October 13, 2005 10:14 AM PDT
Verizon's TV dreams
Not me, but that's exactly what's happening in select parts of the country where Verizon Communications, one of the four remaining offspring of the Ma Bell phone companies, is now offering its new Fios TV service to combat the growing competitive threat of cable companies.
A visit to Verizon's main research and testing facility here offers a glimpse at how the phone giant sees the future of television. Tucked away in the woods off Interstate 95 in suburban Boston is a mock-up of a house where new features and applications for Verizon's Fios TV service are tested by engineers and shared with select groups of customers.
Fios TV runs over a new fiber-optic network that Verizon is building throughout its territory. Designed to be connected directly to people's homes, the service launched last month in Keller, Texas, and it's expected to be in at least three other cities by the end of the year, with more to follow in 2006.
An IP revolution
Because Verizon is initially using the same broadcast technology used by cable and satellite providers, Fios TV doesn't look much different from what's in the market today. But executives say this is just the beginning. With nearly limitless capacity on the network provided by the new fiber-optic infrastructure, Verizon will be able to offer more interactive features using the Internet Protocol. Some programming, such as the video-on-demand service, is already IP-enabled in the current version of the service. More IP-based services will be added in the future.
"IP is definitely the future, and once the network is in place it will allow us to do all sorts of things," said Bill Garrett, director of broadband services for Verizon. "Right now, we're at the point where we're still trying to figure out what people want. We wanted to give people a service they were comfortable with and could use."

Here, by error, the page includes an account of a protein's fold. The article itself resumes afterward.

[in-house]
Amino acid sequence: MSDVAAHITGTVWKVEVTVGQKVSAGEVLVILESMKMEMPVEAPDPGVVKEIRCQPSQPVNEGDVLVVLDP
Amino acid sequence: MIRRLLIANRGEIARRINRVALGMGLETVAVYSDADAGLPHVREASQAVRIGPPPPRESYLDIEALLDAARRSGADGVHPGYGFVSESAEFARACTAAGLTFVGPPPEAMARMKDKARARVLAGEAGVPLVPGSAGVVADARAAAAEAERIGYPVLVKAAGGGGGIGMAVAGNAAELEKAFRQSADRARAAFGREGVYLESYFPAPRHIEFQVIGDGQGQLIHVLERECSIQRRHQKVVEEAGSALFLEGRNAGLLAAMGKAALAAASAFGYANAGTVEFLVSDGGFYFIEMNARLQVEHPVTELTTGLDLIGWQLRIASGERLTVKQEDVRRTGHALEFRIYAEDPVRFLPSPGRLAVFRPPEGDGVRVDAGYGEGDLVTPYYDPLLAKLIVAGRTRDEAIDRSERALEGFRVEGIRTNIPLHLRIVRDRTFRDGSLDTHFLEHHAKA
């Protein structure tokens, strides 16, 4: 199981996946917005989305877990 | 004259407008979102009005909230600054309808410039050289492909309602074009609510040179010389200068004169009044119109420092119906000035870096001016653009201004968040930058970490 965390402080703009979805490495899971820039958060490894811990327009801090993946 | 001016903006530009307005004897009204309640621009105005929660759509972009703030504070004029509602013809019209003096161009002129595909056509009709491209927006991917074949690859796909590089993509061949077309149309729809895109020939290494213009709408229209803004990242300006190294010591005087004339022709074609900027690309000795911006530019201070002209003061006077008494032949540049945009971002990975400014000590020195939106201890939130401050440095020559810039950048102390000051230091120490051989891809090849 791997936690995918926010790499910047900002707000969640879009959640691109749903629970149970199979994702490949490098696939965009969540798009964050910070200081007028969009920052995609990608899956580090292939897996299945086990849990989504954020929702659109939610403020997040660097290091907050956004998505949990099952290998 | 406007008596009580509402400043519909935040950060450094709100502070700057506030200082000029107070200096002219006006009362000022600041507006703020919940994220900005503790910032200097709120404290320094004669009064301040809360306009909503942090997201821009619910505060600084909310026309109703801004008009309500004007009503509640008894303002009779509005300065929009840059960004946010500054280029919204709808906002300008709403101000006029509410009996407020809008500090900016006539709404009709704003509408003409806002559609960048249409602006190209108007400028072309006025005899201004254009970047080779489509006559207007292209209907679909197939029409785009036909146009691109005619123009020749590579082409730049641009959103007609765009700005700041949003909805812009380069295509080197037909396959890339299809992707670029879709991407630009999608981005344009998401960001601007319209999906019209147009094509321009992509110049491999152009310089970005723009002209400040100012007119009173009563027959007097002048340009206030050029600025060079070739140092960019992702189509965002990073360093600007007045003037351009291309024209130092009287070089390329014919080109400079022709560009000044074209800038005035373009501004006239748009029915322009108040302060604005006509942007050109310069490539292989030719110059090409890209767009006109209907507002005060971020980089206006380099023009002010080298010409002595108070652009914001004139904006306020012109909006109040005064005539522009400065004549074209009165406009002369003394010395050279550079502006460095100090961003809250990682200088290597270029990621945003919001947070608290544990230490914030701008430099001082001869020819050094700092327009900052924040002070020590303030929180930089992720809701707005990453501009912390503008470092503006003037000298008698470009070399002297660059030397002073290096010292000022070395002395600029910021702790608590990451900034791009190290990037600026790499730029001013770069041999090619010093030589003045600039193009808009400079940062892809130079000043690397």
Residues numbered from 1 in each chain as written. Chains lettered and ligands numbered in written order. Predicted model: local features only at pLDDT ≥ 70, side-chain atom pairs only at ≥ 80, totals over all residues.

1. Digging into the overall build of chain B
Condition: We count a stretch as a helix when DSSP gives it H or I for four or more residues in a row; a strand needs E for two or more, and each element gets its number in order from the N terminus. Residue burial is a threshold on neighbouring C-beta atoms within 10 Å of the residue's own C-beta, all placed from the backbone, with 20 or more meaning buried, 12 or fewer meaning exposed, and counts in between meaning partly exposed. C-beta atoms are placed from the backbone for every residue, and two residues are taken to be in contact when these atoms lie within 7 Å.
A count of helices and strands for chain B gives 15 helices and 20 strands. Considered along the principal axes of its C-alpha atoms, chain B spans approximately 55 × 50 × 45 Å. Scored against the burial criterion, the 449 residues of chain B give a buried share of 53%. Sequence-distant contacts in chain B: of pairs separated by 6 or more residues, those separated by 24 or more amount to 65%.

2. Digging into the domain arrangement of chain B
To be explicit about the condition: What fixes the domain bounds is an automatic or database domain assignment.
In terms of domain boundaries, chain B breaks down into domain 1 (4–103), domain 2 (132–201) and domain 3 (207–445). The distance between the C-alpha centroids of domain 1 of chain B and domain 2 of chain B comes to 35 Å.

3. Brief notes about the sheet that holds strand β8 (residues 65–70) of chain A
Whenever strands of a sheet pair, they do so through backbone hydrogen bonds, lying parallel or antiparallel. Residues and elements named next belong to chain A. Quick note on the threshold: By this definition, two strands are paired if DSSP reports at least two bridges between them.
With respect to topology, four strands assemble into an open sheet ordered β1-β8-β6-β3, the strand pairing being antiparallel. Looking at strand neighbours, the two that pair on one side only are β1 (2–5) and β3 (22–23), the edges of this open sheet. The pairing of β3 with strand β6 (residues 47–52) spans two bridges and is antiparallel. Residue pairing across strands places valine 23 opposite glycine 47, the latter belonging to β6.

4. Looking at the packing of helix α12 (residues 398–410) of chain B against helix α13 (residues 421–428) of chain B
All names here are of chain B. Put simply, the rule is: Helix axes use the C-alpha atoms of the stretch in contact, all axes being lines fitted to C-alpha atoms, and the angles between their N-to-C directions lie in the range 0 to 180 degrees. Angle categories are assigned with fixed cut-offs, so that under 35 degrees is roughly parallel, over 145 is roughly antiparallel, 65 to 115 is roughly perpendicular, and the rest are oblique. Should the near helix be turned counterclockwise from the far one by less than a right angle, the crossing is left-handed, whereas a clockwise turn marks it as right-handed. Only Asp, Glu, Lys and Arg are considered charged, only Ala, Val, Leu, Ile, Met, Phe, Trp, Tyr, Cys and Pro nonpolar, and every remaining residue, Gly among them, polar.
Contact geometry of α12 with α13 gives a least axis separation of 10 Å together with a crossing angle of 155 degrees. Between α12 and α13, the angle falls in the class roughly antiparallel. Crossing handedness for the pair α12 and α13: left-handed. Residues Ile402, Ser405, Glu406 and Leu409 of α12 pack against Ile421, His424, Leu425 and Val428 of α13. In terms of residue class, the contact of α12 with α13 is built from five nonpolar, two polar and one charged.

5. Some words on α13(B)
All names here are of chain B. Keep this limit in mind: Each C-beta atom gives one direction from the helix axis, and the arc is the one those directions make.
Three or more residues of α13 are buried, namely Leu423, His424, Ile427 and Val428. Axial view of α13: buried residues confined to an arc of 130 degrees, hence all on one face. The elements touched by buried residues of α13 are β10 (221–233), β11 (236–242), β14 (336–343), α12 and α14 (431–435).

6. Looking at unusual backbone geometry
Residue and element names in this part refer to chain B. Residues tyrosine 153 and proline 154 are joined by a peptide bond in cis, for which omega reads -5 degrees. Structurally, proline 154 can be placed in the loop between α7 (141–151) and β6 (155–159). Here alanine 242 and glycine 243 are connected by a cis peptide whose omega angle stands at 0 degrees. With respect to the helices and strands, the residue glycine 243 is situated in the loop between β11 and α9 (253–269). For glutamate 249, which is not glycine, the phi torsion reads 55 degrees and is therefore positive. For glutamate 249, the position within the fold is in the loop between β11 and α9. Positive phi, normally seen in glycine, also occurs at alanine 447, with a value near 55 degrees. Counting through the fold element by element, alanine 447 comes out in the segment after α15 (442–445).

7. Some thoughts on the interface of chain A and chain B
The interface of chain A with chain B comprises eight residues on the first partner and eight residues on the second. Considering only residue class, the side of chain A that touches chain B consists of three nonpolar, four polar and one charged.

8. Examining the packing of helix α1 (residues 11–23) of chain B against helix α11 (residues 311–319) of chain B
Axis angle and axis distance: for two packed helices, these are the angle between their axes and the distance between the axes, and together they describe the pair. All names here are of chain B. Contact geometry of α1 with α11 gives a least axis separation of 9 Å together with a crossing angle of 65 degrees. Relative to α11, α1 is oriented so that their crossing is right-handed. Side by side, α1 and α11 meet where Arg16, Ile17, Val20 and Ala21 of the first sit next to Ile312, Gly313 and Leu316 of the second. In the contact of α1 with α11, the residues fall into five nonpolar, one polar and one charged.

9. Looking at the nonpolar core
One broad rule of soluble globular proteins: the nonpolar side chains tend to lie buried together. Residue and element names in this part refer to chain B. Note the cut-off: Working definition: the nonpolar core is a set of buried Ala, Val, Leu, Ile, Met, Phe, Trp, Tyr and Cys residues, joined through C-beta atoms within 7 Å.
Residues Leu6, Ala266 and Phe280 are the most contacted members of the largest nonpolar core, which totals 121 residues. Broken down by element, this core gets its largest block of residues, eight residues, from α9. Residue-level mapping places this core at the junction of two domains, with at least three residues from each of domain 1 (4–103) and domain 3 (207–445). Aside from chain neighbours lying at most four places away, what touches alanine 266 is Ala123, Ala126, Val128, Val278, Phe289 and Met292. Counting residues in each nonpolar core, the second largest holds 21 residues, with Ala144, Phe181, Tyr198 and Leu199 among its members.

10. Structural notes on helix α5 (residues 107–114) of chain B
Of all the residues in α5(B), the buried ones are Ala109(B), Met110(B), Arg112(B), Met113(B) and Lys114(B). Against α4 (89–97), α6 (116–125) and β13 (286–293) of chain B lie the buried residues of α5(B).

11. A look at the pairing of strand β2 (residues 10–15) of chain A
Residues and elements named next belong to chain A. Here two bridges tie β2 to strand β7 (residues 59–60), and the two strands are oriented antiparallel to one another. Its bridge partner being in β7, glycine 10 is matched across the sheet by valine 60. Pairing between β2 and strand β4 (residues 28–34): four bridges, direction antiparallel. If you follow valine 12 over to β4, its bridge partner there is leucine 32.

The main benefit of IP is that it will allow TV viewers to interact with television programming in ways they've never been able to before. Not only does this mean allowing people to watch what they want when they want, but it also means enabling them to access more and different kinds of content while they're watching TV.
SBC Communications, which is running fiber only to the curb and not directly to homes, plans to go straight for IP-based TV when it launches its "U-Verse" service next year. SBC is using software developed by Microsoft. Carriers in other parts of the world, such as Bell Canada, Swisscom and Telecom Italia, also have been using Microsoft technology to build their IP TV networks. Verizon used Microsoft middleware to develop its program guide.
One of the new services currently being tested here is an interactive fantasy sports application that lets viewers compare statistics and keep track of points on their TVs while they're watching games. In designing the new service, Verizon has been careful not to overwhelm viewers with too much scrolling, button-clicking and reading on their screens.
"The first thing we learned from people we brought in here
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